Sexy, perverse, silly and smart, Lambs of God is a sheer delight

You don't have to have been raised Catholic to enjoy Lambs of God (Foxtel, Sundays at 8.30pm), but it's a blessing if you were: finally there's pay-off for all those years of sexual repression, guilt, superstition and ritual that were foisted upon those of us who were schooled and ruled by the clergy.

I'm exaggerating (a little) of course; I'm sure there are plenty who came through a Catholic education with only positive experiences. But as a product of the Sisters of (show no) Mercy I still flinch in anticipation of a ruler across the knuckles or a fist to the back of the head whenever I see a nun. Old habits die hard.

Though she belongs to a different order, Sister Margarita (Ann Dowd, known and feared as Aunt Lydia in The Handmaid's Tale) seems cut from the same cloth as my childhood tormenters. The eldest of the three remaining Sisters of St Agnes, she is a disciplinarian given to strange outbursts of violence that seem deeply entwined with the repressed memory of some ancient sexual trauma.

Middle nun Sister Iphigenia (Essie Davis) is a seer, given to mystic visions, and the clear leader of this order. Her posh spoken tones hint at a previous life of privilege, abandoned for who knows what reasons.

The youngest, Sister Carla (Jessica Barden), is a true nature's child, born to be wild. Unlike the other two, she has never known a home or life other than this off-grid clifftop convent on an island in the Irish Sea, connected to the mainland by a rocky causeway crossable only at low tide.

And she has never seen a man, either, until Father Ignatius Jones (Sam Reid) arrives with news that the church wishes to evict them, in order to redevelop the property as a luxury hotel.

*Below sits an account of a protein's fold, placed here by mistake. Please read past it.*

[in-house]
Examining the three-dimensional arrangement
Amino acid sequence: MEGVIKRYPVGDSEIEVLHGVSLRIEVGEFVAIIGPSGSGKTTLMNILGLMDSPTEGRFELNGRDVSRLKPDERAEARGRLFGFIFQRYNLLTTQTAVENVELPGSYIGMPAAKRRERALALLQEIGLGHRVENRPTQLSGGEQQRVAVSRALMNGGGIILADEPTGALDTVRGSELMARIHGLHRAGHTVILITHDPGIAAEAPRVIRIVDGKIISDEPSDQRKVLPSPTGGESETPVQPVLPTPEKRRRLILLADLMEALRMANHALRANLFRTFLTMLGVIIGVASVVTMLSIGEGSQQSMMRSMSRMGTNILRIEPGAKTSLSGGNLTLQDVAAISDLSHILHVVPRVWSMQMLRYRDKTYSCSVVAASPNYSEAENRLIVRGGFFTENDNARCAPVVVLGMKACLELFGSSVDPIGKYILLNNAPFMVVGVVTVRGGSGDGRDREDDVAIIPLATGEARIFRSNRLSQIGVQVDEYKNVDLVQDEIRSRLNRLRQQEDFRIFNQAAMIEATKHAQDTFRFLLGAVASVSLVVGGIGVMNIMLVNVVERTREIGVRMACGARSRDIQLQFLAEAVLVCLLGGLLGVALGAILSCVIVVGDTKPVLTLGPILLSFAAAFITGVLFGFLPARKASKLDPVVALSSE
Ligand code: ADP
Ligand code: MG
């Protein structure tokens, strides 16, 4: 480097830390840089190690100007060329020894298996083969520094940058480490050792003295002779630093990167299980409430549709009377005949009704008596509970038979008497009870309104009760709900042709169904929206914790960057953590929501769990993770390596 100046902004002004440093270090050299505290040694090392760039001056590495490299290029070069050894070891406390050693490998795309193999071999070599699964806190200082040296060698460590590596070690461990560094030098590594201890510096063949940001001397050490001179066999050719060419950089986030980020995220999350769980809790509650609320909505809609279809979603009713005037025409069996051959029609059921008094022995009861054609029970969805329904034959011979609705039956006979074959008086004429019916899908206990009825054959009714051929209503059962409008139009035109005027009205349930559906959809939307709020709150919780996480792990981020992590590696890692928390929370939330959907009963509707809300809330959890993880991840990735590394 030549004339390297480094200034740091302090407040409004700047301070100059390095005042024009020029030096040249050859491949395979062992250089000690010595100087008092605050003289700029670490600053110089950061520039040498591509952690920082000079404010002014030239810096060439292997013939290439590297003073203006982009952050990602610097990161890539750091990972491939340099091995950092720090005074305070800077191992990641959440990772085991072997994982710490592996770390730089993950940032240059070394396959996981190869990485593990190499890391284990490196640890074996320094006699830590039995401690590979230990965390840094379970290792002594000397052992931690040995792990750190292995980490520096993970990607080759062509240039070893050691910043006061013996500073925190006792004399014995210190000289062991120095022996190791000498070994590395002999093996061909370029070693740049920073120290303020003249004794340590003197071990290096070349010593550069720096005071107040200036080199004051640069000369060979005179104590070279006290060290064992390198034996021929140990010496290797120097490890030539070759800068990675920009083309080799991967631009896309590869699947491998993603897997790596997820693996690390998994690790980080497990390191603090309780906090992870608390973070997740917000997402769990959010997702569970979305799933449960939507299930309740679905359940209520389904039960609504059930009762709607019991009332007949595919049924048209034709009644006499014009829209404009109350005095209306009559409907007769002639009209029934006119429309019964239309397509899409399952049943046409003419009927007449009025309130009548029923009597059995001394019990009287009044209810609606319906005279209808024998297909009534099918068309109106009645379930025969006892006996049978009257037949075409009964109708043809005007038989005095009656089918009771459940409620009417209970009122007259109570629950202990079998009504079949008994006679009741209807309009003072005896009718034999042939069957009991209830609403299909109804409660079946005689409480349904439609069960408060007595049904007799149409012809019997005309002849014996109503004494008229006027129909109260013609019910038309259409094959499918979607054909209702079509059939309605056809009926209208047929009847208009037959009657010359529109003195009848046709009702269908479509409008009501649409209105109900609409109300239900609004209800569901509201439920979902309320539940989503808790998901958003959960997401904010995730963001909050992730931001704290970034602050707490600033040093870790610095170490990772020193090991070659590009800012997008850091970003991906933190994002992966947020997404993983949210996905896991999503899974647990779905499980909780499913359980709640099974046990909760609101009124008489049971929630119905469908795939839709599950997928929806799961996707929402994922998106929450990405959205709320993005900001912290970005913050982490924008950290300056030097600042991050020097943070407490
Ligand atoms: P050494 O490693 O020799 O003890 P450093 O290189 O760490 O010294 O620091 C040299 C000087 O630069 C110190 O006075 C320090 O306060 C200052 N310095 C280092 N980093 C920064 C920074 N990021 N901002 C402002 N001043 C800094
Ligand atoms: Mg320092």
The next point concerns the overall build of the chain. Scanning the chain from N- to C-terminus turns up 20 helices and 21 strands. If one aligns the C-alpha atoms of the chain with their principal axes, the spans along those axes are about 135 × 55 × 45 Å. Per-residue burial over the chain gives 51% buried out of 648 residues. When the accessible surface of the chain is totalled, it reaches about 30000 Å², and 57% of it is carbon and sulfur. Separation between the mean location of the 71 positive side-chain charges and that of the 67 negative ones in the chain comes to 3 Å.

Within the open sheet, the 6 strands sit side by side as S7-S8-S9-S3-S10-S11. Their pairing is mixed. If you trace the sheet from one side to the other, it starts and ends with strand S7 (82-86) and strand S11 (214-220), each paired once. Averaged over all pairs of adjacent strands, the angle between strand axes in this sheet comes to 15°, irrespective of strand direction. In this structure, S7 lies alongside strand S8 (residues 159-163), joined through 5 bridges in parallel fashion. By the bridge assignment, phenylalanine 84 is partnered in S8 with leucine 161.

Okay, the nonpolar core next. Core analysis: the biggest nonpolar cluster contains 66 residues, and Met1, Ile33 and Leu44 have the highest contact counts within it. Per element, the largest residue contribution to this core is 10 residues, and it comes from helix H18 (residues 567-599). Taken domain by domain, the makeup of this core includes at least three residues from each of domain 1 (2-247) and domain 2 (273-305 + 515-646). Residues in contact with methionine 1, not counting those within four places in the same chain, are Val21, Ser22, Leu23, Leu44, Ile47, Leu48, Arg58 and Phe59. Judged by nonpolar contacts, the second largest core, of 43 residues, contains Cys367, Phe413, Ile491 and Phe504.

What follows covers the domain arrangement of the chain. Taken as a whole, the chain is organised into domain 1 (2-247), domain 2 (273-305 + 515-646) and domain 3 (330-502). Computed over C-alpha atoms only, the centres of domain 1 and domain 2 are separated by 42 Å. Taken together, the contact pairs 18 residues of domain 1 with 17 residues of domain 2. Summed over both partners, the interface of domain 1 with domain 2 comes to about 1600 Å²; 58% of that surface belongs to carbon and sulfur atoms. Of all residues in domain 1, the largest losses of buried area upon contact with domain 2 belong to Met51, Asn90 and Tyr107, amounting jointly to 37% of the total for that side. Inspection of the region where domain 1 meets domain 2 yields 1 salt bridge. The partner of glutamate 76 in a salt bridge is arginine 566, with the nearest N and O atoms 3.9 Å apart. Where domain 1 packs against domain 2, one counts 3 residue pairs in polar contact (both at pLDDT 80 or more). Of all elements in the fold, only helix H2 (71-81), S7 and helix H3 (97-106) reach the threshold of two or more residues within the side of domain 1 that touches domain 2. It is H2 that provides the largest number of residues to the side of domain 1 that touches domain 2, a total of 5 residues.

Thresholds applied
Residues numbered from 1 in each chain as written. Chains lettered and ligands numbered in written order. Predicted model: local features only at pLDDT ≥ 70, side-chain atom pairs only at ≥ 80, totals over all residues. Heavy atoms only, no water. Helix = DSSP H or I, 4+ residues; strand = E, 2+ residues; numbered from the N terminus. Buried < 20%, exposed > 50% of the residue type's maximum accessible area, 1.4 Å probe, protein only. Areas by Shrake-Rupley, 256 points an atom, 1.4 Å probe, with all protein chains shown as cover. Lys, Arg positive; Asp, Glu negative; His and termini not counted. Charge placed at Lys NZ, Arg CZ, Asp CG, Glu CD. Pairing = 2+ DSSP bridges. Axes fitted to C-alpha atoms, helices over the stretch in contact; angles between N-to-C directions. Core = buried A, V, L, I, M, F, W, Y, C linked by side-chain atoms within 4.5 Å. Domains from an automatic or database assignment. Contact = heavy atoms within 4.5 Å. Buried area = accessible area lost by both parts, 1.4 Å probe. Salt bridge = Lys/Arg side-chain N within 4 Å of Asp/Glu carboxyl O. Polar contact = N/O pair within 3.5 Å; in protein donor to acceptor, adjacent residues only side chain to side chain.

Naturally, merry hell breaks loose. And while it is indeed hellish for poor old Father Ignatius – who is tempted, tortured and tonsured by these three strange witches – it makes for very merry viewing. Even if you wouldn't know a stigmata if it poked you in the eye, it's a hoot.

Essie Davis, Ann Dowd and Jessica Barden, the last surviving nuns of an enclosed order. Credit:Mark Rogers

The four episodes of this comedic thriller walk a tightrope between farce and feminist critique of a patriarchal church that either excludes or demonises the feminine, while covering up its own ambitions and transgressions. There are hints of abuse, of misappropriation, of murder, all carried out in the name of the father. The Sisters, meanwhile, are haunted by unholy ghosts – and so, it transpires, is Ignatius.

There's a wonderful element of established narratives being refashioned: the nuns rework Christian rituals and fairytales to reflect both the specifics of their environment and the particulars of their personal histories. A Christian traditionalist might see this as a "corruption" of ritual and liturgy, but you could equally see it as a reassertion of the pagan, pre-Christian traditions that were co-opted by the Church as it spread. The return of the repressed.

Every aspect of the production matches the deft richness of this storytelling, crafted by Sarah Lambert based on Marele Day's 1999 novel. Jeffrey Walker's direction is assured, the performances are consistently good (only occasionally do the accents strain geographical credibility), and the cinematography by Don McAlpine (whose eye has graced everything from Breaker Morant to Moulin Rouge) is luminescent.

Jessica Barden as Sister Carla (left), Essie Davis (Sister Iphigenia) and Ann Dowd (Sister Margarita) confront Sam Reid (Father Ignatius) when he arrives unexpectedly at the convent.Credit:Mark Rogers

Arguably, though, the real star of the show is the location – and it doesn't even exist!

The rocky mound atop which the convent sits is Tasman Island, off the south-eastern coast of Tasmania; the dilapidated ruins are computer generated; the walled garden that sustains the sisters is in the Blue Mountains; and the interiors of the convent were filmed at Fox studios in Sydney. Turning those elements into that setting was a small miracle. An act of transubstantiation, if you will.

By turns sexy, perverse, silly and smart, Lambs of God is one strange beast. But it's a sheer delight too. Flock to it.

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